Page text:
« How High Will It Go? | Main | Gigantic. Truly Indie? (And Save the Brattle) »

October 20, 2005


Joe Swanberg

I think the "truly" independent model will involve doing away with a theatrical release all-together. Film festivals will have to serve as the theatrical release, and you will need to get as much coverage as possible at each Festival. I've been saying this for a while now, and soon I'm going to have to put my money where my mouth is, but I think the best example new indie filmmakers have to follow is that of indie musicians. Tour with your film, sell T-shirts and DVD copies, book alternative venues that don't traditially show films, bring your own speakers and screen and projector with you so you can control the presentation and make sure it looks and sounds good. Show the films in the basements of churches, at universities, at rock clubs, and charge $5 at the door. Use the internet to create a network of people in towns that don't have big Film Festivals and are hungry for alternative cinema. If the films are made cheap enough, you could start seeing a profit right away. It's not going to make anyone rich, but I think it can be self-sustaining. Theatrical release can make a big difference for future DVD sales, but for a certain section of under-the-radar films, going straight to DVD seems to be the best bet. WIth projectors as cheap as they are now, you can turn any space into a cinema for the night, and do "theatrical" that way.

Joe Swanberg

AJ, if "Truly Indie" was an option when you were getting ready to release Gigantic, would you have considered it over a traditional distributor, or do you see it as a last resort for films that can't get into theatres any other way?

Michael C.

Being somewhat connected to the theatres that play indie films in the Boston area, I can certainly attest to the comments concerning the horrible mishandling of Boston's Landmark Theatre in Kendall Square. While they have long been problematic for true arthouse theatres such as the Brattle Theatre and The Coolidge Corner Theatre, before Cuban (and the new regional manager) took over, you didn't feel all that bad about going there. Now I feel like I'm selling a little piece of my sould every time I walk through the doors. I have a friend who was a manager there until just recently. She ultimately quit on principle around a Union issue, but what I was hearing about the new owners and management was pretty scary. (Lots of things about the "stupid movies we play that nobody comes to see."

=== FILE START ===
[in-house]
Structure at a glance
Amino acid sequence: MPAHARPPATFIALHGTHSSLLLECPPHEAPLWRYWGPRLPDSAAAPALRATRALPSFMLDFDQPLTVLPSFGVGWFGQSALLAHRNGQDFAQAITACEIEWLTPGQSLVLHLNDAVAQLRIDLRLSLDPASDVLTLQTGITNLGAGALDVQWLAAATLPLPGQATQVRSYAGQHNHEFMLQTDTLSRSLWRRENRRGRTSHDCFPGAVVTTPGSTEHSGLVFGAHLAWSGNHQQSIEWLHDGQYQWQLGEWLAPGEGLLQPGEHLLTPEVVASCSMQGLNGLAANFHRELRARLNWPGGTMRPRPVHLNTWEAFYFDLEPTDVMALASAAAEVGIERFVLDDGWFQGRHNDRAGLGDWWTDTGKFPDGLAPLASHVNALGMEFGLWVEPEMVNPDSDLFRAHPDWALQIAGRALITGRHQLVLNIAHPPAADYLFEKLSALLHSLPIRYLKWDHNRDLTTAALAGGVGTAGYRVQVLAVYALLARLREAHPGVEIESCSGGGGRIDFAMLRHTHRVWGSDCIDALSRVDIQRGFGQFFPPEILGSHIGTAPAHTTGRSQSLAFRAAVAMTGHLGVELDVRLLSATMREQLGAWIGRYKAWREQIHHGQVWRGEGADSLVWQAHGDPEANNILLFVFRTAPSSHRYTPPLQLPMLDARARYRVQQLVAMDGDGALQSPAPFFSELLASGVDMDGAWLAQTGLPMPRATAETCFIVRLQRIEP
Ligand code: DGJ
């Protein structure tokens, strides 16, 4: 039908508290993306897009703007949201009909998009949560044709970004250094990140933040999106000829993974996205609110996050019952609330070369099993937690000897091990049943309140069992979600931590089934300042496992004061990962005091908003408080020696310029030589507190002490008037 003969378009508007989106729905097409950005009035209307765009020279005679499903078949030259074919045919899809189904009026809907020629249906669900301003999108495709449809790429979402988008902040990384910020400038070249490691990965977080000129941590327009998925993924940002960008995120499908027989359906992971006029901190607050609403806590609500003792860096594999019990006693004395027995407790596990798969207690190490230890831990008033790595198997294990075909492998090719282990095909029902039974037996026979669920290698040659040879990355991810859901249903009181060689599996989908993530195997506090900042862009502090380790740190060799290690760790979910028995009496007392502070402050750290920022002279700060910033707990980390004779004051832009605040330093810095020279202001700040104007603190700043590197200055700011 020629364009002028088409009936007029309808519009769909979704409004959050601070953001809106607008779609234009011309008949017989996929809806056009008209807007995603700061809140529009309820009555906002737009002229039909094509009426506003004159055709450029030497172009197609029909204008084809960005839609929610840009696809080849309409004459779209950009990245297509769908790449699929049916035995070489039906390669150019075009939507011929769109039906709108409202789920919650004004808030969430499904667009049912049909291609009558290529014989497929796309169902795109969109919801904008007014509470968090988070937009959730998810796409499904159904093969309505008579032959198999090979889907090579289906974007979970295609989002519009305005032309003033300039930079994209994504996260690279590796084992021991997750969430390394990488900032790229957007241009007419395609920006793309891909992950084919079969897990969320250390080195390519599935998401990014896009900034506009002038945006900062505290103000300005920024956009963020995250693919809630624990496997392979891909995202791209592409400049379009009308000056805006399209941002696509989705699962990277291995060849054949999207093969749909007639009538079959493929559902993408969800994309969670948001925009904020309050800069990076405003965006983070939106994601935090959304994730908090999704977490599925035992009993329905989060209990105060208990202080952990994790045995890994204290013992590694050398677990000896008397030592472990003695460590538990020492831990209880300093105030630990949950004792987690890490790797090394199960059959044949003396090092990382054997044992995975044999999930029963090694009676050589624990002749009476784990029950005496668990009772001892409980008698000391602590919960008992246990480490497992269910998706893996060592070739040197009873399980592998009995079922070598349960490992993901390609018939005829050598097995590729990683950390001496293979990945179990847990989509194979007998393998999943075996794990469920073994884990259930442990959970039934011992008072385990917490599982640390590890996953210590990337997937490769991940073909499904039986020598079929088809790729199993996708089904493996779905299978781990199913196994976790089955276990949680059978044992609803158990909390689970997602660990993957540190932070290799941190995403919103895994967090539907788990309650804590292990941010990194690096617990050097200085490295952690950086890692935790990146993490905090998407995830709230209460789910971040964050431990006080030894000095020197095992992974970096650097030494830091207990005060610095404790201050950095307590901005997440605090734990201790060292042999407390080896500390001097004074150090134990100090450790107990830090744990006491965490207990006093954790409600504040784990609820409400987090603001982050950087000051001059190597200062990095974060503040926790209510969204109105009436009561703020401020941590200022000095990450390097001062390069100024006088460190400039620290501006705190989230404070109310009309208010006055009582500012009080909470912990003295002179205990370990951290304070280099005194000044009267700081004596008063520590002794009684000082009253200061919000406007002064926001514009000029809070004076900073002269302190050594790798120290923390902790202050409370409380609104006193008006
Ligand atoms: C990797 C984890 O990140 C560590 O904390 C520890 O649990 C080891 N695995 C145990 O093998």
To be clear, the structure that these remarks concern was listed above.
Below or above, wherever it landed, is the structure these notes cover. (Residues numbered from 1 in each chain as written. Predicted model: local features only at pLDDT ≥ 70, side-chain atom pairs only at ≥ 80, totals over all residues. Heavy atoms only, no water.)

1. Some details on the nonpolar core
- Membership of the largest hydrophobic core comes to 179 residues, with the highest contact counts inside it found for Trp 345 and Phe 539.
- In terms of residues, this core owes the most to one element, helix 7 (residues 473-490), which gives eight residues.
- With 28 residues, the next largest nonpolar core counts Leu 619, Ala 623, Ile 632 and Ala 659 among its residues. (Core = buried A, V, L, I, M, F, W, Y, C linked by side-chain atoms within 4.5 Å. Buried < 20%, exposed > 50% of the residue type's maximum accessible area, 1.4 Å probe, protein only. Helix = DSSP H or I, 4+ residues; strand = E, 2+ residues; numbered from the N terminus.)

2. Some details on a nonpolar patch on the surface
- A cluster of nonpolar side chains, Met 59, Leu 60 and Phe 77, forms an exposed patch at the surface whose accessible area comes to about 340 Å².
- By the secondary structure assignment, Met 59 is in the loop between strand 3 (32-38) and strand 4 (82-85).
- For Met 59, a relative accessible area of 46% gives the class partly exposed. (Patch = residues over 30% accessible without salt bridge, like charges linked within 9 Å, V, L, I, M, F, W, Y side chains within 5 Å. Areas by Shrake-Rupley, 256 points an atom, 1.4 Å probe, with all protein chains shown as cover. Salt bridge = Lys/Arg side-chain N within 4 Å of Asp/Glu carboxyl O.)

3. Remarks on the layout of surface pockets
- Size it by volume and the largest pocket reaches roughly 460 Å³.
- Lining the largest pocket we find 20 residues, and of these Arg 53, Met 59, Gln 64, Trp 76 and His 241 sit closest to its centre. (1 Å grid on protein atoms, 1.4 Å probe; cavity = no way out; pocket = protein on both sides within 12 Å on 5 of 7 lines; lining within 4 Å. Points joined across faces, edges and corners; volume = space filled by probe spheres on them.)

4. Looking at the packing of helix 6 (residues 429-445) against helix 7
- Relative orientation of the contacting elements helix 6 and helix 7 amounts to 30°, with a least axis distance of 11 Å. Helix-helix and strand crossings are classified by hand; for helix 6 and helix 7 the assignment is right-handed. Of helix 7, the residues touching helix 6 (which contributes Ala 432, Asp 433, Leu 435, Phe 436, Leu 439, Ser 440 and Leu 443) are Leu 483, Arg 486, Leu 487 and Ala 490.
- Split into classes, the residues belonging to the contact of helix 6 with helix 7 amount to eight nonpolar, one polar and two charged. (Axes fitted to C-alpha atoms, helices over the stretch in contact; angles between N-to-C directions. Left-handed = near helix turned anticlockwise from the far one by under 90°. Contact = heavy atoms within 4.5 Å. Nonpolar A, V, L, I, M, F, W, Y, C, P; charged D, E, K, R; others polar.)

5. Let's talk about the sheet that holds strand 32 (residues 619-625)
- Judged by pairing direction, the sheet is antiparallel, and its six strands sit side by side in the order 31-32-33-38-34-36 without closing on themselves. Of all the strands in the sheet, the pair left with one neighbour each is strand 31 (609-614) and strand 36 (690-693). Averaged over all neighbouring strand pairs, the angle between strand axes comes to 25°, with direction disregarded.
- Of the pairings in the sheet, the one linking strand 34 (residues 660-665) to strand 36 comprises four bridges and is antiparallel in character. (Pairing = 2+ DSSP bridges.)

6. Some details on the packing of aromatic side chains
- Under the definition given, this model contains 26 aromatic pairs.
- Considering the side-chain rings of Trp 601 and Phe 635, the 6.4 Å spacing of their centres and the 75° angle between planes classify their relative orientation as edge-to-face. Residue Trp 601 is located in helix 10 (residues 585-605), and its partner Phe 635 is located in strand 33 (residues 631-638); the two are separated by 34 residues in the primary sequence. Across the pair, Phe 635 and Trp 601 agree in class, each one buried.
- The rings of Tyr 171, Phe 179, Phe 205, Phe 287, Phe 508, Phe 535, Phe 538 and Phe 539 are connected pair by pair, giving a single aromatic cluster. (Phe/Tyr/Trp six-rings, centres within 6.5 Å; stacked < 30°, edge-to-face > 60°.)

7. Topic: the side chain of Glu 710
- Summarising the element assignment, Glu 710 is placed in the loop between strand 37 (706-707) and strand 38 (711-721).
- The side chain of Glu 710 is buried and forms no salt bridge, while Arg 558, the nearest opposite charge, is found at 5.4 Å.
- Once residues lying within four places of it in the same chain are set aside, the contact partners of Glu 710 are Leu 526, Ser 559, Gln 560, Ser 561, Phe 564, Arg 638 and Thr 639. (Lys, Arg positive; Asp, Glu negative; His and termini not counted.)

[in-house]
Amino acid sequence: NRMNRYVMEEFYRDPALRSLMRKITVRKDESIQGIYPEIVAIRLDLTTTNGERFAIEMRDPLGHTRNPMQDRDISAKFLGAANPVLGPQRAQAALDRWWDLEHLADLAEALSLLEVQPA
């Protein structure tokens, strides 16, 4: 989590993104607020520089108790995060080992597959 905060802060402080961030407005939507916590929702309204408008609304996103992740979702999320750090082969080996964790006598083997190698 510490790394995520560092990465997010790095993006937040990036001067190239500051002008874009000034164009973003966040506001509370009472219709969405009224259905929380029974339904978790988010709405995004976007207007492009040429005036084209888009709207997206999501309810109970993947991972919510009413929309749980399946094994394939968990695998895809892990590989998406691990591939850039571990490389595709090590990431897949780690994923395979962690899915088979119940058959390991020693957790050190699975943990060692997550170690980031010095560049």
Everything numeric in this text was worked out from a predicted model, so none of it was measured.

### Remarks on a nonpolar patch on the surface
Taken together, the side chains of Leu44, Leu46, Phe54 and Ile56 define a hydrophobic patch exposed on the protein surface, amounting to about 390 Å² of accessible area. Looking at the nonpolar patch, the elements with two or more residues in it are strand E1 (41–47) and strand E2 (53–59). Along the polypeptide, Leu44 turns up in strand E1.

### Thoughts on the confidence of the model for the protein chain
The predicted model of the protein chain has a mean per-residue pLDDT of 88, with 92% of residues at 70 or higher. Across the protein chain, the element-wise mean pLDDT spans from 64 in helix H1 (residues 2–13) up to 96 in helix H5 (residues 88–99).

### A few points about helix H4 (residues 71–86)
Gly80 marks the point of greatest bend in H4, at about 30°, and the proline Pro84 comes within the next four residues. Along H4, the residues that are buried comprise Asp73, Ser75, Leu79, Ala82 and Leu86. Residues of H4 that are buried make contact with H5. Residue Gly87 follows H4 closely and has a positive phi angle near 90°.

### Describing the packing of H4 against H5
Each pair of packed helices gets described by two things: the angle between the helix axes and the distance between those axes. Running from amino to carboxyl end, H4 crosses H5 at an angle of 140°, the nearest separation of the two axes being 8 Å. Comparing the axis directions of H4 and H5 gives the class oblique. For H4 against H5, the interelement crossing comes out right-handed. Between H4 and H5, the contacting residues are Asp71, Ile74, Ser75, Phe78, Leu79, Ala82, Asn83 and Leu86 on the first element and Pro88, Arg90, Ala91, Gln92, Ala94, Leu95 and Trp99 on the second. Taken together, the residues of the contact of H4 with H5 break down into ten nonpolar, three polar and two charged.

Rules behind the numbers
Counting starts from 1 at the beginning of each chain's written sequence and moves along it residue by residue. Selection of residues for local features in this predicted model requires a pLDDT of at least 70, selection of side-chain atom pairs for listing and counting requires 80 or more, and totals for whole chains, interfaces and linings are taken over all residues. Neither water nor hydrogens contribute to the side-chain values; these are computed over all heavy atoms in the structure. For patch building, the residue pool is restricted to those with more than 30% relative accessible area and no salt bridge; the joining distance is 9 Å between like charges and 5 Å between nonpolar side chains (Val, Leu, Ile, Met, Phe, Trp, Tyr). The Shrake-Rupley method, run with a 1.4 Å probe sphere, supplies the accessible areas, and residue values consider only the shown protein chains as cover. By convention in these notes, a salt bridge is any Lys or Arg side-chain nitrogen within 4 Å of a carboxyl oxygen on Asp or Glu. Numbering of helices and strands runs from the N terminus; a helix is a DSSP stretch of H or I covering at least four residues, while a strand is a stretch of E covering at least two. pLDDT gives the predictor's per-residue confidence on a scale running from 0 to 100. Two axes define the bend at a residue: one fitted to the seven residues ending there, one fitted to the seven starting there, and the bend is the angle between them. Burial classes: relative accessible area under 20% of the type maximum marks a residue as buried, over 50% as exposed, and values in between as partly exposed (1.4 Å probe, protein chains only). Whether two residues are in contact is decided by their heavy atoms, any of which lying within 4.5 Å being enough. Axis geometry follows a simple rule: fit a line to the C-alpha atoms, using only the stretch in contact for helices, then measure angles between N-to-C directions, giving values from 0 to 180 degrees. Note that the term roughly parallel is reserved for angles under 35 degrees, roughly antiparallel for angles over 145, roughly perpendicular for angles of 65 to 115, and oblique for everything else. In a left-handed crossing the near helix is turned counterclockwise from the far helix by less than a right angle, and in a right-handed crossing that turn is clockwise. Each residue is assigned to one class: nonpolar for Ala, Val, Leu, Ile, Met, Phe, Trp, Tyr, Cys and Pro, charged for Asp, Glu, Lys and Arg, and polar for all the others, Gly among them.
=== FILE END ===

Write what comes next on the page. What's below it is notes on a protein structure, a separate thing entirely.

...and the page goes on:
Anything Cuban is attached with that has to do with independent film I would be suspicious of. I will have to find out more about this Truly Indie.

Brian Clark

AJ - great musing blog piece. I sit somewhere between the "this is a great thing" and "this is nothing special" camps. My gut can't get past the fact that it is a $6,000 to $8,000 a screen indie producer expense in an environment where that would be a "top 10 indie" per-screen average for income. And that's assuming you could rely on TrulyIndie to do be 100% of the expense of that theatrical run.

Cuban's announcement has made alot of smaller distributors quite nervous though. The more self-distribution options the better, but do we know that this is really that new of a option (aside from the rather large number of theaters you could P&D to digitally?)

AJ Schnack

Joe & Michael, I expand on your comments and questions at length in the new blog piece.

Brian - first off, did we go to school together? And beyond that, am curious about what you've heard about the nervous reaction of these smaller distributors. What makes them nervous - having to compete for films? For screens?



I appreciate your critique of our site. We're always looking to improve it, and clearly, we have our work cut out for ourselves. You are the first person outside of Landmark to give us feedback, so I'd like to clarify a few things here, before we can work them into the website.

First of all, I am not a Landmark employee, either former or current. I'm just a long time resident of Boston, with a passion for indie films. I also don't consider our site to be an "anti-Mark Cuban site." I have nothing against Mark Cuban as relates to 2929, Magnolia, or HDnet films. But I believe that many of his ideas that might be beneficial for a film distributor are harmful for a film exhibitor. Keep in mind, that the majority of the issues we address on the site are responses to articles written about Mr. Cuban, or by comments from his own blog.